• You are always thinking about drugs, you cannot concentrate properly, and you are thinking of how it will make you feel.  
  • You cannot set limits. The last time you said to yourself that you would cut back, but this time you are taking even more. 
  • You begin losing interest in almost everything. Even small daily tasks become a big deal for you. 
  • You want drugs in all cases. If you are low on money, you borrow or steal.
  • Your loved ones are not happy with your behavior. You don’t give enough time to them, and you get angry, and frustrated easily.
  • You keep the negative signs and symptoms you notice as a result of your substance use a secret from others. 
  • You no longer have control over what’s happening in your life. Your life is becoming increasingly unmanageable.

Principles of Effective Treatment 

  • A single treatment is not right for everyone, so treatment varies on an individual basis.
  • Effective treatment takes into account the patient’s history and evaluates their needs on an individualized basis.
  • Behavioral therapies, counseling, and holistic methods should be synthesized in order to deliver a whole-person approach to substance addiction treatment.
  • Medication education and monitoring are critical particularly as a patient enters treatment. 
  • The whole-person methodology integrates treatment for any co-occurring disorders or mental health concerns.

Treatments of Drug Addiction

There are different phases and elements which comprise substance addiction treatment. Below we have discussed some of the major elements of treatment. 


Detoxification is the process wherein your body begins to rid itself of the harmful toxins which entered it due to substance consumption. Healthcare professionals monitor you carefully and help in easing you through the detoxification process as seamlessly as possible. 

Medication-assisted therapies (MAT)

MAT refers to the combination of counseling and the use of prescription medications to treat alcohol and opioid addiction. The pharmaceuticals used in MAT balance brain

chemistry, stop alcohol’s and opioids’ euphoric effects, and eliminate physical cravings without the addictive drugs’ side effects.

Behavioral Therapies 

Behavioral therapies have been proven to be quite effective in treatment for substance addiction. Behavioral therapies aim to help the patient to change their behavior related to drug use, develop self-esteem, and build new healthy habits and skills, among more.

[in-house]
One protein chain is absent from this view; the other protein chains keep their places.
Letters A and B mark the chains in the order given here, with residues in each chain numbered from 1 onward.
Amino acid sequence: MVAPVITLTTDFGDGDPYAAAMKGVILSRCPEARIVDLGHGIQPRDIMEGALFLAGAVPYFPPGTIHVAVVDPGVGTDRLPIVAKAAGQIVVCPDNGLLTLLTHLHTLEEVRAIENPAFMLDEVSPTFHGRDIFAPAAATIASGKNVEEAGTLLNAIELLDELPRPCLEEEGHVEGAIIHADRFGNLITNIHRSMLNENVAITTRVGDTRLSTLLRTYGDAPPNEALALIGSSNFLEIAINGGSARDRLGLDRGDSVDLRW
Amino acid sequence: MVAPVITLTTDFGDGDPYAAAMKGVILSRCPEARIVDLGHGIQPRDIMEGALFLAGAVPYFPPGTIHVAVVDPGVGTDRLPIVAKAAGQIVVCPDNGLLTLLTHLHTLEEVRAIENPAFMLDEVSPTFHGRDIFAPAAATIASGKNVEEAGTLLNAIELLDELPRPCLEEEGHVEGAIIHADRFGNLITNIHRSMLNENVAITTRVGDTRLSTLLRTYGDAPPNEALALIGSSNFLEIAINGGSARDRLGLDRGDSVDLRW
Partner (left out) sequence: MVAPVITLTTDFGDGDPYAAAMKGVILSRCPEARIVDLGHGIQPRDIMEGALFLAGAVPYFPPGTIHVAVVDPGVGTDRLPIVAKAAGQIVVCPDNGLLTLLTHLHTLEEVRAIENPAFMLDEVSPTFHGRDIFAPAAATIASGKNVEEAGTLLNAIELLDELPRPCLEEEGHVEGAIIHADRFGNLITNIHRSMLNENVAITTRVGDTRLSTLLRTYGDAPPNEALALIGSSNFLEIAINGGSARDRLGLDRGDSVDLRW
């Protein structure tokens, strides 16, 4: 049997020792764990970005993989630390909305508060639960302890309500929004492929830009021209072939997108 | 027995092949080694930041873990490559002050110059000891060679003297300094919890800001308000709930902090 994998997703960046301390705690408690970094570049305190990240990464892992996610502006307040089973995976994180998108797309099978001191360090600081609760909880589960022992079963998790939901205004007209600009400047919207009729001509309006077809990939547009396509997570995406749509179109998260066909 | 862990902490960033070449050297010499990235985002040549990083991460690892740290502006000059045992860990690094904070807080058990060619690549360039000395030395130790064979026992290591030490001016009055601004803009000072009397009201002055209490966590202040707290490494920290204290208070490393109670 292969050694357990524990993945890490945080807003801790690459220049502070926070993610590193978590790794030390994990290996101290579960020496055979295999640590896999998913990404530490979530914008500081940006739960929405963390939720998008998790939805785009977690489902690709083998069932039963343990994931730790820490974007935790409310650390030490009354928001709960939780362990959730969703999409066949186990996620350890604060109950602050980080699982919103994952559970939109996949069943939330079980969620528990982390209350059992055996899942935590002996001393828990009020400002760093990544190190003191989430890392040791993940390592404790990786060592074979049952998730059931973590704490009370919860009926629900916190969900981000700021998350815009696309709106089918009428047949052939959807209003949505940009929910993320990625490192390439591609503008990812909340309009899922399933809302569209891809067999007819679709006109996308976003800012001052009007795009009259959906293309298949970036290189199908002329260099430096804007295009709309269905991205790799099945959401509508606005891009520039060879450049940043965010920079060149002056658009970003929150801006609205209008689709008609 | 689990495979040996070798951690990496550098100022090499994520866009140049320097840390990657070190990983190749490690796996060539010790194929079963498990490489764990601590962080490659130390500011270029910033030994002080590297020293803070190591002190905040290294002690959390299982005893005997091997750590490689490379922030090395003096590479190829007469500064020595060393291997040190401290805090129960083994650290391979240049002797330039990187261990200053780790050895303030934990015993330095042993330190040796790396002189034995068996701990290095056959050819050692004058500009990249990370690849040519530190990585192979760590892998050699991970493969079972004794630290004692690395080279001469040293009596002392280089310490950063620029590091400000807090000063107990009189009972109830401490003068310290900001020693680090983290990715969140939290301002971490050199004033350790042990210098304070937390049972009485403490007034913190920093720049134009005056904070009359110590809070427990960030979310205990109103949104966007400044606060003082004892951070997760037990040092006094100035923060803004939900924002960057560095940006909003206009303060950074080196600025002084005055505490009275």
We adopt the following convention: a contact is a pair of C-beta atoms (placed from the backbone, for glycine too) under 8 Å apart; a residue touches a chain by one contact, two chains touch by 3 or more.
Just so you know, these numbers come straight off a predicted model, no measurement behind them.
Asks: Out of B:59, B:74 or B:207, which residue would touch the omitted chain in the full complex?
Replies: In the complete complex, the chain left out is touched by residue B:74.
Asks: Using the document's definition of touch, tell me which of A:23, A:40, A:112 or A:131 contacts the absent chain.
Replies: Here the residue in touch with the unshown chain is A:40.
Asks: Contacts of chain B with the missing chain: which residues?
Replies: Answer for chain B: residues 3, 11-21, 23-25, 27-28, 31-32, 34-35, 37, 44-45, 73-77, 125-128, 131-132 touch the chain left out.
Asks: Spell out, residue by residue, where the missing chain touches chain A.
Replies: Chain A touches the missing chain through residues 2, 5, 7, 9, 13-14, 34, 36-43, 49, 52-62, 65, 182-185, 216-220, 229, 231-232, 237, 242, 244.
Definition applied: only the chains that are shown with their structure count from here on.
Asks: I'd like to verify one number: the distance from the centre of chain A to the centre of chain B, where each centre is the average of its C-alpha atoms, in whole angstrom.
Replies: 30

Many behavioral therapy modalities are implemented in substance addiction treatment, including the following:

  • Cognitive Behavioral therapy: in which the patient is made aware of the situations and contexts in which they most likely to relapse. During cognitive behavioral therapy, patients are taught healthy coping techniques to employ during situations in which troubling feelings arise. 
  • Motivational Interviewing:  Motivational interviewing is a behavioral therapy method in which the practitioner aids in mediating behavioral change by identifying and addressing the motivations underlying substance-using behavior through the use of exploratory questions. 
  • Multidimensional family therapy: This is for the patient as well as his family. It is done to make aware of how drugs are impacting the lives of patients and those around them and improve the overall family functioning. 

What medications are available to help with substance use disorder?

Medications are frequently used for the effective treatment of substance use disorder. Some medicines for opioid addiction that are used include Methadone, buprenorphine and naltrexone. Commonly prescribed medications for alcohol addiction include Naltrexone, acamprosate and disulfiram.

Risks for substance use disorder 

Misusing drugs can lead to different mental health issues and in some cases, the mental health illnesses exist prior to the intake of drugs. The combination of existing mental illness and increased misuse of substances can often lead to the worsening of both conditions. 

Substance Use Addiction in the US 

In the United States alone, it has been reported that nearly 1 in every 10 individuals suffers from substance addiction. All too often substance addiction, including excessive alcohol consumption, results in fatality for the substance user.

However, research indicates that more than 20 million adults in the US enter and sustain recovery after treatment. 

A note from Luxe Recovery 

Substance addiction is a long-term disease but with the right treatment and counseling, you can recover. Different treatments and different therapies work for different people, and it is imperative that your treatment experience is tailored to your needs as an individual. We are here to help. Please reach out to us, so we can begin your journey together and aid you in living healthily and peacefully, and becoming the best version of yourself.

Stay Happy, Stay Healthy!